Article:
So we are mid-pandemic, or hopefully coming out of the other side of it now, but many people have successfully kept the wheels turning by working at home and very quickly adopting videocalls as a way to keep in touch with their teams and clients.
Videocalls are awesome. They’ve saved us, really, in this time of social distancing. But they are also exhausting us – the term Zoom Fatigue has surfaced but it’s by no means limited to Zoom, read that as applying to any video calling such as Skype, Teams etc.
Why am I concerned?
Well, mainly because I think keeping ourselves mentally well is important. If you’re fatigued that is not a good day.
But also, as I work with sales folk and sales leaders, it’s vital they are energised, enthusiastic, passionate and impactful in their videocalls or, frankly, they’re not doing as well as they could be.
So what is it that’s exhausting us?
I am pretty sure that when you were office based you could have 5-6 meetings per day, several great calls with clients, internal catch ups and still feel like that was a normal day. But with us working at home for the time being, we are knackered with videocall after videocall and whatever we can fit in between.
There are some obvious reasons for this, we have the extra stress of working at home with kids/partners to juggle. We probably have extra pressure as sales might be down and you’re worried about the company making it through the next quarter. We may be having to cover work of staff that have been let go, furloughed or sick. So these are big contributors, but why does the so-called ‘Zoom Fatigue’ kick in?
When we are face to face we use so many of our senses to gather meaning from those we are with. In a videocall you are deprived of pretty much everything from the shoulders down so your brain is working harder to process the information. Body language, especially hand gestures are normally relied upon, slight movements towards or away from someone else in the room, small inhalations when someone wants to interject are not picked up by the microphone, all these mean we have to focus much harder on the face and words, which can be hard work especially if you’re not a native speaker of the meeting’s common language, you may rely more on non-verbal cues to gather meaning and nuances.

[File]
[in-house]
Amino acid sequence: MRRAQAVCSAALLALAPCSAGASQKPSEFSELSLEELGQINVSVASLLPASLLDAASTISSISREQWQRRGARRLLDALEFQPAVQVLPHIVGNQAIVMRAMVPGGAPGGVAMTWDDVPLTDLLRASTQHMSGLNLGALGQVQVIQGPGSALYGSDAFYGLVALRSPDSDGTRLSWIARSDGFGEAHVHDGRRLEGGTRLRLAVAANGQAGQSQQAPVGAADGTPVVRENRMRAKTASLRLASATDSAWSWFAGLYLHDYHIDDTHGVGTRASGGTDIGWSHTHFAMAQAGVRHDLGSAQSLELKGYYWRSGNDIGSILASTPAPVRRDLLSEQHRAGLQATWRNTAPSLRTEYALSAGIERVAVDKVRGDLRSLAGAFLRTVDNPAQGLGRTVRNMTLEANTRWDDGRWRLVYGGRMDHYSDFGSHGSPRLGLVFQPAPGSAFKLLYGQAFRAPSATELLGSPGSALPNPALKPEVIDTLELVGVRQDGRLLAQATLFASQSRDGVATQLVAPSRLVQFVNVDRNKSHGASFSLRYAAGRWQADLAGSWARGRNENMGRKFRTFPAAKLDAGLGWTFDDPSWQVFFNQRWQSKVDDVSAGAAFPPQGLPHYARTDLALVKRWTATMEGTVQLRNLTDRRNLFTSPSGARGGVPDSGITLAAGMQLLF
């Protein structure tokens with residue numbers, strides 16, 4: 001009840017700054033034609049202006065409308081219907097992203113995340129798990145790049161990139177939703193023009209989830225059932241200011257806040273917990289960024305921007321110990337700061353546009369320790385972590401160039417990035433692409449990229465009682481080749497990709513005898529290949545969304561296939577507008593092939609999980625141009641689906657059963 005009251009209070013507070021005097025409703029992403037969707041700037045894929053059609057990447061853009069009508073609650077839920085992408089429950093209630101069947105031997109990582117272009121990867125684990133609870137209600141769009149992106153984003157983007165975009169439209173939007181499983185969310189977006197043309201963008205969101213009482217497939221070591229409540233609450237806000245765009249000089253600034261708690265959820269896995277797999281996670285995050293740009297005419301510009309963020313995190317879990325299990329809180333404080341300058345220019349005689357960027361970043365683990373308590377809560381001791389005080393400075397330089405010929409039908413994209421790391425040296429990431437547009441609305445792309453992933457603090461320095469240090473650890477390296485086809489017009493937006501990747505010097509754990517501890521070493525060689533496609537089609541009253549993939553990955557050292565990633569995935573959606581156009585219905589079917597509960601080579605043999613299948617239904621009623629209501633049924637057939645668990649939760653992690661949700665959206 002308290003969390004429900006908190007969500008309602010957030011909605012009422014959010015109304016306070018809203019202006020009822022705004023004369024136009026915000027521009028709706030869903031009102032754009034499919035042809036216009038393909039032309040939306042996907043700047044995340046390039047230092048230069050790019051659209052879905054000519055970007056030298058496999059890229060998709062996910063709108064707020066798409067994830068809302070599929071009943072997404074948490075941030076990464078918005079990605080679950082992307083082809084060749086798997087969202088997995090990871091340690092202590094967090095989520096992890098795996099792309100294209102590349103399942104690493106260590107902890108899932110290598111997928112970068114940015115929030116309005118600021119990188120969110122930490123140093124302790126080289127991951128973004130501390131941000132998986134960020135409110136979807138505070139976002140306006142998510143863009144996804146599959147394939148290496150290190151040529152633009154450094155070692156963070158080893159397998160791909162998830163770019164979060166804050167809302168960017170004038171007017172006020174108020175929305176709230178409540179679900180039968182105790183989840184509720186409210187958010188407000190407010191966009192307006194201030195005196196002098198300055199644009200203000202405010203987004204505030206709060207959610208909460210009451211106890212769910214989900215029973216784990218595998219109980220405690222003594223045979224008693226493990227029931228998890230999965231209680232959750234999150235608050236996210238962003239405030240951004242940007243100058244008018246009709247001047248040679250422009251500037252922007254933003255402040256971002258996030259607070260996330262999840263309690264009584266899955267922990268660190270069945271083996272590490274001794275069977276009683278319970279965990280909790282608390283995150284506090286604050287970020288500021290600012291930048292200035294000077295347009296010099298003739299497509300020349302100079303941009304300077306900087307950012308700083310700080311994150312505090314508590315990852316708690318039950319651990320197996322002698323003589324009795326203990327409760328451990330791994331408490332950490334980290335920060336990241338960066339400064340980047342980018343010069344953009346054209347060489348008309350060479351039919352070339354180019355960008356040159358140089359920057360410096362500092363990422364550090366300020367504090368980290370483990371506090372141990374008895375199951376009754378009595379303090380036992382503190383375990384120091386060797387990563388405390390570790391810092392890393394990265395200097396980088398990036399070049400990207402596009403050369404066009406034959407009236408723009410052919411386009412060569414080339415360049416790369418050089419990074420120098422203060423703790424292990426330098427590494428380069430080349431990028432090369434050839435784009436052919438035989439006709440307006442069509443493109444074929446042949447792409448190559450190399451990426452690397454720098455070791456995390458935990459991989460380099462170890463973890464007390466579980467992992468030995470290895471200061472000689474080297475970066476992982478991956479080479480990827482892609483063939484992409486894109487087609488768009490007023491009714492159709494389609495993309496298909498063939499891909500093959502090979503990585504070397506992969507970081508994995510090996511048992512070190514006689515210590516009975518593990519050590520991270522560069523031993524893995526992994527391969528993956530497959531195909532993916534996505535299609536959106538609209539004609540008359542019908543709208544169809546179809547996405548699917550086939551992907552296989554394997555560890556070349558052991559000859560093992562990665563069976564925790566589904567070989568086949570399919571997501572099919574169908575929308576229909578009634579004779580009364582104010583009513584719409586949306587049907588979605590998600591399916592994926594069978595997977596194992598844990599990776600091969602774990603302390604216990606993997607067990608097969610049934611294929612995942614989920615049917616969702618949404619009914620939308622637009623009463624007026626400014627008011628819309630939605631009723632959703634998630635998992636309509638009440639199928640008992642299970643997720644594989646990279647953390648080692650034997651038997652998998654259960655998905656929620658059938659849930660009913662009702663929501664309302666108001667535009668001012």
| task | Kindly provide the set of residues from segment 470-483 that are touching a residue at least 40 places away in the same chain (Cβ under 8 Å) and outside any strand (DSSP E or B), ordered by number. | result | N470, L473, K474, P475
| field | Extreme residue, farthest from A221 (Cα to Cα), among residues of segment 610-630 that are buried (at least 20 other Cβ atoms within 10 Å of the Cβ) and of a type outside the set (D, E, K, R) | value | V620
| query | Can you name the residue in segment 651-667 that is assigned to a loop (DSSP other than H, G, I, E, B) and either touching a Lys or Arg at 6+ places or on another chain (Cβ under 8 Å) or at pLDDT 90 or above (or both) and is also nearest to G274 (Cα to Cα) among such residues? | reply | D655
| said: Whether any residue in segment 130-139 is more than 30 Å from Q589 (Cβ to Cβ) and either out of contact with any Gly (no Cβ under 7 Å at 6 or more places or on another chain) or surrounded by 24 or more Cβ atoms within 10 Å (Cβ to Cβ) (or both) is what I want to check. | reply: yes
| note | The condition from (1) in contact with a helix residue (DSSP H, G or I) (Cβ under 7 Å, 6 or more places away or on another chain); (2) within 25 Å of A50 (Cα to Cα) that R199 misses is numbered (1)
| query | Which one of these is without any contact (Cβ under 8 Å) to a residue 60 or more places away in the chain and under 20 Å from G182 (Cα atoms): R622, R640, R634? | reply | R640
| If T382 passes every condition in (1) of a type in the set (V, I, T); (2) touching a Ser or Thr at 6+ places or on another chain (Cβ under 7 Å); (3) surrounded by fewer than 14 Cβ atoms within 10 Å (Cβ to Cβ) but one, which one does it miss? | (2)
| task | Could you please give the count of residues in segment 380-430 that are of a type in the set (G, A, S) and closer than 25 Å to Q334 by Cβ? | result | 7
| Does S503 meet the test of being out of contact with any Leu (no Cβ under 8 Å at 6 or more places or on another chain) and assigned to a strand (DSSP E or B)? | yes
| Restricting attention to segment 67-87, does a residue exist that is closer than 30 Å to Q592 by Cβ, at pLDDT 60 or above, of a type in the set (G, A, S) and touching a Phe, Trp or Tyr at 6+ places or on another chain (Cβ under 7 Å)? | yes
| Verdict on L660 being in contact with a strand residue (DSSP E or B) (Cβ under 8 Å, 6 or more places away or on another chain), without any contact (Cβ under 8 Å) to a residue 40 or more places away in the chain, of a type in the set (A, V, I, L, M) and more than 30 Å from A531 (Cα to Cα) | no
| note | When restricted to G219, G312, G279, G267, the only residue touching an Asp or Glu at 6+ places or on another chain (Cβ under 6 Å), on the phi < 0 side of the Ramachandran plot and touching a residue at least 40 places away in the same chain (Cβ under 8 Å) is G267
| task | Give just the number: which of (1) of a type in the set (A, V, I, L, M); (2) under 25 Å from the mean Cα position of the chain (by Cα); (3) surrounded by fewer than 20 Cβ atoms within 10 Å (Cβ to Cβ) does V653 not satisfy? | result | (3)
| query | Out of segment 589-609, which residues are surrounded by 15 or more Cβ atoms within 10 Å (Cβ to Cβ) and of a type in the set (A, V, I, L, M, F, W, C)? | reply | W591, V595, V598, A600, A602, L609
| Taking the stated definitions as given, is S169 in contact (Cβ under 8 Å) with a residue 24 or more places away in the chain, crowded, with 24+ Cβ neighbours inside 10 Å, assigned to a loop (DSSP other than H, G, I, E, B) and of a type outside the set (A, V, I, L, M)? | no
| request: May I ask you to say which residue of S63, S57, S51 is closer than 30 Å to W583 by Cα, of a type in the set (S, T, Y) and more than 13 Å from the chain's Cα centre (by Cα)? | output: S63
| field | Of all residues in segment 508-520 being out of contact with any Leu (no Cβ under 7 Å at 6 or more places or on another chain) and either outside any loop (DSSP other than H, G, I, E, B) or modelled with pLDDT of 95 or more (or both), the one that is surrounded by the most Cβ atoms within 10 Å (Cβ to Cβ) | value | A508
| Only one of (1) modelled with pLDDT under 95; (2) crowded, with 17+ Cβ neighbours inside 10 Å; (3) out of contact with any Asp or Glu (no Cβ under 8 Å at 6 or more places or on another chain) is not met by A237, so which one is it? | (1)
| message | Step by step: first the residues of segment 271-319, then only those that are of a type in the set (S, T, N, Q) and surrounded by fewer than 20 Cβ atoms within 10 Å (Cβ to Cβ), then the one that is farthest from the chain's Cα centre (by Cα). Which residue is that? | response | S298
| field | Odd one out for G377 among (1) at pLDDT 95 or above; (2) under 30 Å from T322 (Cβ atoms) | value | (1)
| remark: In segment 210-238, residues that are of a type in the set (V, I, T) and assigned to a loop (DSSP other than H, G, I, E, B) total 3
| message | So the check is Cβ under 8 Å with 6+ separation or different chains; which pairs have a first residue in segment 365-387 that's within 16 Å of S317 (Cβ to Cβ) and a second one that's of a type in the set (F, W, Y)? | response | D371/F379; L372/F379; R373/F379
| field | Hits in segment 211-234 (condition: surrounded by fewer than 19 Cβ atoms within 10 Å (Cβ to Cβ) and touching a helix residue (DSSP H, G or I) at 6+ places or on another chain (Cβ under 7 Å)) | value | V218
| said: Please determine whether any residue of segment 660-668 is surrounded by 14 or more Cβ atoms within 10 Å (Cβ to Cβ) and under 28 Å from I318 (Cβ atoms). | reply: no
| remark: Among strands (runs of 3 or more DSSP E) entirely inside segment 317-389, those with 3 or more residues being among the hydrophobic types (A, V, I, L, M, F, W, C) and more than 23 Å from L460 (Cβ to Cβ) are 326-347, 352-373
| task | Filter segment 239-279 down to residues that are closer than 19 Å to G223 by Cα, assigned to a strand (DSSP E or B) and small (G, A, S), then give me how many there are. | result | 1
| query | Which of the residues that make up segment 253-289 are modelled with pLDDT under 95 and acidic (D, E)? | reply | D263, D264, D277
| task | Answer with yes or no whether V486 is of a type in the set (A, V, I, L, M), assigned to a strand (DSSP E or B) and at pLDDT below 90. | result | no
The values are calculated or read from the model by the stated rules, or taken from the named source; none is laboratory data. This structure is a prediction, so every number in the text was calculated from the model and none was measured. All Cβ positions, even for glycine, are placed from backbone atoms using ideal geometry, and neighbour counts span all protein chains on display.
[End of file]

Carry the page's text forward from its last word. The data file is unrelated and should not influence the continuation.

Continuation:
If you’re in gallery view your brain is trying to work out the facial cues of everyone at the same time too! And we aren’t just scanning faces, we are (whether you admit it or not) scanning the rooms those people are in. Your brain is wired to do that, you’ll be subconsciously checking out each room, not just one room that you would normally be in with this person or group.
We are also staring at a tiny image of ourselves, and this is disconcerting and adds stress when we realise we are fidgeting too much or not smiling enough, we are distracted by our own image as well as everyone else’s. We try to show our reactions more over videocall, we
The poor brain is processing so many factors at once that the split of your attention between so many stimuli is, of course, going to tire you out.
So! No Fluff has a few tips to help if you find yourself with ‘Zoom Fatigue’.
- Don’t have more than 4 videocalls per day.
- Take a break in between each one to decompress, make a cuppa, grab some fresh air, stretch – just give your brain a break
- Don’t have videocalls that last longer than 30 minutes! Everyone is busy, let’s respect each others time and keep the meetings focused
- Ask yourself if every zoom call HAS to be a zoom call – can it be a good old ‘phone call instead maybe? Reserve your energy and impact for those that need it most
- Avoid multitasking, your brain is having a hard enough time without adding sneaky emails, texts or whatever is distracting you to its workload.
- If you have to have longer meetings, build in breaks, set the agenda and let everyone know there’ll be a quick break every 30 minutes or so
- Hide yourself from view. We look at our own image, so get rid of this stimulus and distraction, you can always check you don’t have lunch in your teeth beforehand. Focus on who you are talking with.
- Wear headphones if you have a noisy background
- Have a clear purpose for each videocall – and communicate it!
- Make virtual social events opt-out if you’ve had a full day and are conked out from videocalls